Make time for your conversations, be in the same room and turn off that mobile, try to talk about the problem without apportioning blame. If it is an identifiable issue that you both can see a solution for; allow each other to speak, maintain eye contact and try not to jump to conclusions or anticipate what the other person is going to say.
Could it be triggering feelings of injustice from the past, could you be venting the anger you felt as a child? If this is happening; slow down your responses, be more considered and focus on both the actual issue being discussed and the words and expression of your partner.
.. can you hear yourself using the expressions or taking the attitude of your parents? Is the point you are making what you truly believe? Is it current and relevant? Question yourself. Ask yourself how the issue appears to your partner.
Never try to win an argument by starting another “and there’s another thing”, don’t drag up issues from the past, don’t generalise “you always..”, don’t intimidate by raising your voice, crying or standing too close, don’t take the easy way out “oh, its all my fault”, stay focussed on the problem, negotiate and consider the other persons point of view.
Make sure that your partner is ready for the conversation and able to give enough time and attention to it and make sure they are aware of the subject. Be flexible, accept that it may have to be postponed. Be aware of your desired outcome, can you be flexible with your expectations, are they realistic?
Own your emotions; using “I feel…” rather than “You make me feel….”, if the problem is about behaviour be specific, using;
I feel……….(hurt, insignificant, ignored etc)
Separating the feeling from the behaviour is useful, it’s powerful and honest.
Be aware of your feelings, anger can be useful to highlight a feeling of injustice but it probably disguises feelings of sadness, fear of being unheard or ignored, or even of being found out. Try to get in touch with your emotion and say how you really feel.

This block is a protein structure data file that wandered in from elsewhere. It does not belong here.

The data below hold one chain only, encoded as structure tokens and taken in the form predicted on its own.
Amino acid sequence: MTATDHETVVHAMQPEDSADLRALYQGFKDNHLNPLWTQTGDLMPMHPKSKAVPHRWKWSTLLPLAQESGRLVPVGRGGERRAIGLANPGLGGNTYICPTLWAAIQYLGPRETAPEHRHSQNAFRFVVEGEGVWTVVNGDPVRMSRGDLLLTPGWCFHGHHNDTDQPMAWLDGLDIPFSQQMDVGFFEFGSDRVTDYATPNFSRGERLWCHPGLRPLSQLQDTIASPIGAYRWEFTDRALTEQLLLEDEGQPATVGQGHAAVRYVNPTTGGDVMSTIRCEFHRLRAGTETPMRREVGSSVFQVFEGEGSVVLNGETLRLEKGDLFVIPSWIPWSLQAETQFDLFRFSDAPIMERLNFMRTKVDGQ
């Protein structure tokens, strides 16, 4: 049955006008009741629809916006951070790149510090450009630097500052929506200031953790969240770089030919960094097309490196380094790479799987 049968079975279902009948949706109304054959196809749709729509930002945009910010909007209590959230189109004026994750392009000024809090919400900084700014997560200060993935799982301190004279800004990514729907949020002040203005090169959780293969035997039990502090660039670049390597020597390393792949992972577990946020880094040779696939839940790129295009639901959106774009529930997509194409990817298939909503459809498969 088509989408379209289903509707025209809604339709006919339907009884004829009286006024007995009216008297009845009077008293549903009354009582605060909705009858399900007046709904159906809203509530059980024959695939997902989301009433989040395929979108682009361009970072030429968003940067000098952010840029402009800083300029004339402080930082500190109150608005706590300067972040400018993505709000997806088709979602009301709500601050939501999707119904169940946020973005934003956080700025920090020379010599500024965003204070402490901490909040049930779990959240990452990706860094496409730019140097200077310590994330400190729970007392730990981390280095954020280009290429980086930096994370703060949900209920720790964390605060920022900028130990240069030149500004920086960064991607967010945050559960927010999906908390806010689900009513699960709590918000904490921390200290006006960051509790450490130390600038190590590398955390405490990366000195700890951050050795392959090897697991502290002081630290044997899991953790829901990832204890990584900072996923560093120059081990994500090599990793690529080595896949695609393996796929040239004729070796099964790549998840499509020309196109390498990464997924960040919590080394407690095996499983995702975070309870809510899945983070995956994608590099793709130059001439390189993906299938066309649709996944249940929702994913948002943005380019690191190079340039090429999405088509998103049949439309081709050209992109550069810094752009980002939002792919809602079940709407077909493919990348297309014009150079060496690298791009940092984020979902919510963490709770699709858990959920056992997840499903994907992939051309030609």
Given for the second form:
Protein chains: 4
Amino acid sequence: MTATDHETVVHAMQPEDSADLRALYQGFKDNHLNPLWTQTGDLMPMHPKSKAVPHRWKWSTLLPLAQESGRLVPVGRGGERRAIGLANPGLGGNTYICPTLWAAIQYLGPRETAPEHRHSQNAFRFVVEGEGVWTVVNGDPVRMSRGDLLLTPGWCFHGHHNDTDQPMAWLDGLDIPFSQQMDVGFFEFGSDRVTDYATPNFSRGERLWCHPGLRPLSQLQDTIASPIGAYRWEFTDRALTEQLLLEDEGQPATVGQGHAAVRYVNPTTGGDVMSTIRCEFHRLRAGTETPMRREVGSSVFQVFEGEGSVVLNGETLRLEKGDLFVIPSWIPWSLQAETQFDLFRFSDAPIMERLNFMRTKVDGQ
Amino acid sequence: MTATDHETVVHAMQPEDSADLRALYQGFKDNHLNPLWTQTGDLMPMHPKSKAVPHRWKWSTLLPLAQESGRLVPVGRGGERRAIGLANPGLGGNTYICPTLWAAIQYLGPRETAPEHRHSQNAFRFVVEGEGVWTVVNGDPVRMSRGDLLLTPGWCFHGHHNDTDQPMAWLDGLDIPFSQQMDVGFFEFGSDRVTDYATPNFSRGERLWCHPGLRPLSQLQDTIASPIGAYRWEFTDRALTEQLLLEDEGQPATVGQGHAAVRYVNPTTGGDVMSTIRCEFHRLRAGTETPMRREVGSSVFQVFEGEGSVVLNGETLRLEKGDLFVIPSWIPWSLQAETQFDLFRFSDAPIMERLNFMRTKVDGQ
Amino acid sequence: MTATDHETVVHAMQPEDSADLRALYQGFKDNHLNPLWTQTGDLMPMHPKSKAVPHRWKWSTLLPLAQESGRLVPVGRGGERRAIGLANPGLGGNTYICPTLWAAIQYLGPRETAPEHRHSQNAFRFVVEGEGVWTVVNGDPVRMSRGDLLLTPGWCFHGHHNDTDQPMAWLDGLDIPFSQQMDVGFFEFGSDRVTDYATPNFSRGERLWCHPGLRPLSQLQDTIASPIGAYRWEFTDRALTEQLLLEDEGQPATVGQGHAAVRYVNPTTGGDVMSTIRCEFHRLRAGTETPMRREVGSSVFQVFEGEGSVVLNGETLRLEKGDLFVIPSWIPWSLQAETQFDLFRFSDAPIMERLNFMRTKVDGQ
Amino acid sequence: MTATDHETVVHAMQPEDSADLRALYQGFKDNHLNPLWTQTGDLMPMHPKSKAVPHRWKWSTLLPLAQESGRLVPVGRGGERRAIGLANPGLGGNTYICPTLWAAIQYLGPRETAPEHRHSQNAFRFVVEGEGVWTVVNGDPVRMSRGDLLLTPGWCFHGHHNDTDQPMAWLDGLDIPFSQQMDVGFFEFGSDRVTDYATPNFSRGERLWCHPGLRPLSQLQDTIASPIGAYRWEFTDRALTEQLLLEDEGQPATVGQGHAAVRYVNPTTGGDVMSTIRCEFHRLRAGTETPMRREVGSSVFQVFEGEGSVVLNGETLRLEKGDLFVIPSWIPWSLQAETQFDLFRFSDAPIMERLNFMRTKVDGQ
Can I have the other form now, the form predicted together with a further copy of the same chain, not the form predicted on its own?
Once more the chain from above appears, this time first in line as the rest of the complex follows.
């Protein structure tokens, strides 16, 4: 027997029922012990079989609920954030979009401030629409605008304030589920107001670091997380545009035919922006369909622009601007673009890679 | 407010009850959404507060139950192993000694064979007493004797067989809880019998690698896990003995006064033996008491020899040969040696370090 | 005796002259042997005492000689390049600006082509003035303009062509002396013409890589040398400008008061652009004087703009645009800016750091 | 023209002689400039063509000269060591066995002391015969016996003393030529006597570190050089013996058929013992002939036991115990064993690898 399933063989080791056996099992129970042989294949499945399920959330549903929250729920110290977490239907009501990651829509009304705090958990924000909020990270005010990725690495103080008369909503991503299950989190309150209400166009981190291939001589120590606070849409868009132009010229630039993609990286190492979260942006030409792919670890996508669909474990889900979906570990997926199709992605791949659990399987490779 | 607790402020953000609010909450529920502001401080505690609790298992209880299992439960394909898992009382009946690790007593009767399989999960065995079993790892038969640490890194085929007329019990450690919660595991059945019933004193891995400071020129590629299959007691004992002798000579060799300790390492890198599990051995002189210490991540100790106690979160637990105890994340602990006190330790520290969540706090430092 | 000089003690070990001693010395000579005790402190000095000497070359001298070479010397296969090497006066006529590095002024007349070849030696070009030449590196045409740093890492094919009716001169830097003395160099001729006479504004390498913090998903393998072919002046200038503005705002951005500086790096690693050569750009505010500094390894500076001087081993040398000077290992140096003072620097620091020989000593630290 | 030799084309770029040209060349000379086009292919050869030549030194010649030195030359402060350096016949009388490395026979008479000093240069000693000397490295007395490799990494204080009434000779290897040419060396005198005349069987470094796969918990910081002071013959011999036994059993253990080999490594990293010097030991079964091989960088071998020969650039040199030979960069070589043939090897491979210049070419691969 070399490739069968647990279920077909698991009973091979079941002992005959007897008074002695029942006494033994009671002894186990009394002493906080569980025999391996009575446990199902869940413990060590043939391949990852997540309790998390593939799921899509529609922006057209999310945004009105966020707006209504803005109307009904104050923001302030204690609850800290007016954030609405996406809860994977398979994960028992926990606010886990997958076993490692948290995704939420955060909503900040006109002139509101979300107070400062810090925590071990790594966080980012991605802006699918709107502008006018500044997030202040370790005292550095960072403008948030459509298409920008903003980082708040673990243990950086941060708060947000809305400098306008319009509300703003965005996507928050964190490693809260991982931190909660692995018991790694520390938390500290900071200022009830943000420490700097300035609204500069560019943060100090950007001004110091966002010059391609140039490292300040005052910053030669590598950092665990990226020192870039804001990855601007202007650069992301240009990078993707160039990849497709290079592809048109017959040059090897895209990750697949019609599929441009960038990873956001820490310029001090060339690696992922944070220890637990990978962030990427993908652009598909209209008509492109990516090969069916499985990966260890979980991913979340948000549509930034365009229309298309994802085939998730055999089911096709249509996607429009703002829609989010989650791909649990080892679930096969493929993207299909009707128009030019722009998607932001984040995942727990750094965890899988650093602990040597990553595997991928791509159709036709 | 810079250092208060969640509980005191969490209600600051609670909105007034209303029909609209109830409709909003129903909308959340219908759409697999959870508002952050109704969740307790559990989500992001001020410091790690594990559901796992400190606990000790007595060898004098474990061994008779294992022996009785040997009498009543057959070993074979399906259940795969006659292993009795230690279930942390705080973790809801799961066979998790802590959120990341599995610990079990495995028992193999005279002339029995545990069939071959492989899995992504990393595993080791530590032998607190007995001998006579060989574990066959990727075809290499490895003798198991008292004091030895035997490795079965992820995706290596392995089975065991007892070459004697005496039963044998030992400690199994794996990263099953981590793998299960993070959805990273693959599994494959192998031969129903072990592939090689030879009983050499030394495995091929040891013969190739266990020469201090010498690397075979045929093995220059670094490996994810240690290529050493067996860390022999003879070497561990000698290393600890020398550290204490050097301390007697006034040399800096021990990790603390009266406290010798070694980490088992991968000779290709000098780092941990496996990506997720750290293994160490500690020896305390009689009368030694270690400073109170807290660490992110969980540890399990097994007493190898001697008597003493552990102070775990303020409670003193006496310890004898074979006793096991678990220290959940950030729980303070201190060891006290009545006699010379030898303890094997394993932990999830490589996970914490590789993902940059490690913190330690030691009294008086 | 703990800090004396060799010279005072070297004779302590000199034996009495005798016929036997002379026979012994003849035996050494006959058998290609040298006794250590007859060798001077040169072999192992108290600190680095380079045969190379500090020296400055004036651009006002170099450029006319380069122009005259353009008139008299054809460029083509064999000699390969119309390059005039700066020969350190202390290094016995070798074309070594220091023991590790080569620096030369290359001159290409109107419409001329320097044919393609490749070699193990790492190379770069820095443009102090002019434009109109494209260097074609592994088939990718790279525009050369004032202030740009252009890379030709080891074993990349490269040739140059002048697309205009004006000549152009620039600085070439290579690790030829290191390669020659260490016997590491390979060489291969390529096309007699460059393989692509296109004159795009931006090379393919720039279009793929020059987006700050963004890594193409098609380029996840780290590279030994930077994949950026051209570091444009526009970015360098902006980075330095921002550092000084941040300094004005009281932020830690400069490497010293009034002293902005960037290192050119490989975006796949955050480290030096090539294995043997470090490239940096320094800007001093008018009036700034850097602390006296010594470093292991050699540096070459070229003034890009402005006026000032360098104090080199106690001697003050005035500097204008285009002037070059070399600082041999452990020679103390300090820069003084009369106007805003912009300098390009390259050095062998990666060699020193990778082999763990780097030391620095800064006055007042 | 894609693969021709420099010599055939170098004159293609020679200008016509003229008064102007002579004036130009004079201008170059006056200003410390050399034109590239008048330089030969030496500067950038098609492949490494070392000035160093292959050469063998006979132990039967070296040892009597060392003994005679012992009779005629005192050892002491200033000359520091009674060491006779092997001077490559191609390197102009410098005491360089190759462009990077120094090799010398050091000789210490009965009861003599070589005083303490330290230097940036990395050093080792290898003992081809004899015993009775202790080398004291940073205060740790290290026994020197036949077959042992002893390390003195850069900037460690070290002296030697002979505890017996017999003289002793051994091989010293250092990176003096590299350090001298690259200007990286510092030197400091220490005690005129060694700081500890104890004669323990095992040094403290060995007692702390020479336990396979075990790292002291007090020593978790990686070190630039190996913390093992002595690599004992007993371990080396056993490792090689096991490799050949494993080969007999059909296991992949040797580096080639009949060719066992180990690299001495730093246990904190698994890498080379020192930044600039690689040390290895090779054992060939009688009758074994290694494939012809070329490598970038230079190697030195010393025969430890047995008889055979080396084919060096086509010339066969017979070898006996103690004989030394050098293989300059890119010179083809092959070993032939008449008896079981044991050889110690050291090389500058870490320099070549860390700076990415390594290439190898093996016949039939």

Avoid saying “You did something wrong therefore you are stupid”, we all make mistakes, we can learn by them, unless you know it was deliberate give the benefit of the doubt, don’t interrogate, accept an apology and consider how you would like to be treated if it was you making the mistake.
A discussion should not be a competition for who feels the most hard done by, even when put into a difficult situation we usually have a few options, saying “I have to” negates your choices, saying ‘have to’ makes you a victim and may not be honest.
An honest discussion needs privacy, it needs to be just about you two even if other people are involved in the problem, using other peoples opinions to put the other person down reduces the impact of your own feelings and loses focus, you want to make yourself heard not someone else, aim to have this conversation in a fairly neutral place (not the bedroom), and be flexible, open minded and if you cannot find resolution in the time available agree on another date/time and do not refer to it in the meantime.
The way in which we argue may be something we drag up from the past, so we not only often address problems in the style of one of our parents, whether we can resolve our problems is based on them too! It is useful to think back, was it arguing and shouting or silent and uncommunicative? How was a request from you received, did you feel heard, were your opinions respected?
Refusing to discuss problems can be denial, can be passive aggressive but, insistence on discussion can also be aggressive, allow each other the respect you would like to receive yourself, read your partners body language, behave appropriately, don’t walk off, don’t patronise or use sarcasm, be polite, accept you may be wrong and listen without assumption.
Copyright © Ros Welch 2020. All rights reserved